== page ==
Evolution of mean ocean temperature in Marine Isotope Stage 4
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Evolution of mean ocean temperature in Marine Isotope Stage 4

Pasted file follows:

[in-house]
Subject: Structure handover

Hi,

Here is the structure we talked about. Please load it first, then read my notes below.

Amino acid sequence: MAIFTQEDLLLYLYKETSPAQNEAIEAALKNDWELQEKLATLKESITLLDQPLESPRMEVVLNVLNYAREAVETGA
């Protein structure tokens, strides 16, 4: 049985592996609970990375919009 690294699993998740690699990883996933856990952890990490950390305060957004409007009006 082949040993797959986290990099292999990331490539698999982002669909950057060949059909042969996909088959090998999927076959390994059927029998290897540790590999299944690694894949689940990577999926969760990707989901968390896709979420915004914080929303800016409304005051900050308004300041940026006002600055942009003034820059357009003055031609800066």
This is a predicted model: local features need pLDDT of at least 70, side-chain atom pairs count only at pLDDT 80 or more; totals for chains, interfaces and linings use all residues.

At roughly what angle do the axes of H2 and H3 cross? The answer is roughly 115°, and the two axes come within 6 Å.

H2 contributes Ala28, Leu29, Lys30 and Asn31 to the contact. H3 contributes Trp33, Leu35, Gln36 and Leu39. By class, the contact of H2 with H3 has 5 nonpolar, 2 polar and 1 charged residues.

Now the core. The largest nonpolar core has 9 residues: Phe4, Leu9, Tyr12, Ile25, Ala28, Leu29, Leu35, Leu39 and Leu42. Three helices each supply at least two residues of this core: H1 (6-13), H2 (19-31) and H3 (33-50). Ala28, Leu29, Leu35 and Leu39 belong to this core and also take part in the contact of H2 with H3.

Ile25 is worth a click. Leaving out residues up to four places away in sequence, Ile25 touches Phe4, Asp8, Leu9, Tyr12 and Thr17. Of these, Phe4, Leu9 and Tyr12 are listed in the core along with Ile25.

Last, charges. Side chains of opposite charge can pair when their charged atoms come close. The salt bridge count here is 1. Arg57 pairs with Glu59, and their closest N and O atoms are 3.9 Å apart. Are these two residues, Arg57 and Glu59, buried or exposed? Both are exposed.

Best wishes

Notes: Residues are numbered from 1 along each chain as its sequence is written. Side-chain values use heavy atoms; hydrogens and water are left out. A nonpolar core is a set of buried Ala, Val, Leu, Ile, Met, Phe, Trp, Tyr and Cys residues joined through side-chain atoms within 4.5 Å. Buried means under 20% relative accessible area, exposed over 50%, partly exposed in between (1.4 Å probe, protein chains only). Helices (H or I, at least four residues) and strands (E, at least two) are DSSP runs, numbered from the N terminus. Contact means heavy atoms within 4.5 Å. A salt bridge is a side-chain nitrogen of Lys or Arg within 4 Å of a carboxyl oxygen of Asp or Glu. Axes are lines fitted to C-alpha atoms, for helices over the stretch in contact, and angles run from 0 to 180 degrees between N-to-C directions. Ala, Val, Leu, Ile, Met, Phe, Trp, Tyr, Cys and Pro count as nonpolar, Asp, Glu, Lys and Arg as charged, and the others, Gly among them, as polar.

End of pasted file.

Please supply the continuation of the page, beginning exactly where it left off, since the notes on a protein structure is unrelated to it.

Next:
Abstract. Deglaciations are characterized by relatively fast and near-synchronous changes in ice sheet volume, ocean temperature, and atmospheric greenhouse gas concentrations, but glacial inception occurs more gradually. Understanding the evolution of ice sheet, ocean, and atmosphere conditions from interglacial to glacial maximum provides insight into the interplay of these components of the climate system. Using noble gas measurements in ancient ice samples, we reconstruct mean ocean temperature (MOT) from 74 to 59.7 ka, covering the Marine Isotope Stage (MIS) 5a–4 boundary, MIS 4, and part of the MIS 4–3 transition. Comparing this MOT reconstruction to previously published MOT reconstructions from the last and penultimate deglaciation, we find that the majority of the last interglacial–glacial ocean cooling must have occurred within MIS 5. MOT reached equally cold conditions in MIS 4 as in MIS 2 (−2.7 ± 0.3 ∘C relative to the Holocene, −0.1 ± 0.3 ∘C relative to MIS 2). Using a carbon cycle model to quantify the CO2 solubility pump, we show that ocean cooling can explain most of the CO2 drawdown (32 ± 4 of 40 ppm) across MIS 5. Comparing MOT to contemporaneous records of benthic δ18O, we find that ocean cooling can also explain the majority of the δ18O increase across MIS 5 (0.7 ‰ of 1.3 ‰). The timing of ocean warming and cooling in the record and the comparison to coeval Antarctic isotope data suggest an intimate link between ocean heat content, Southern Hemisphere high-latitude climate, and ocean circulation on orbital and millennial timescales.

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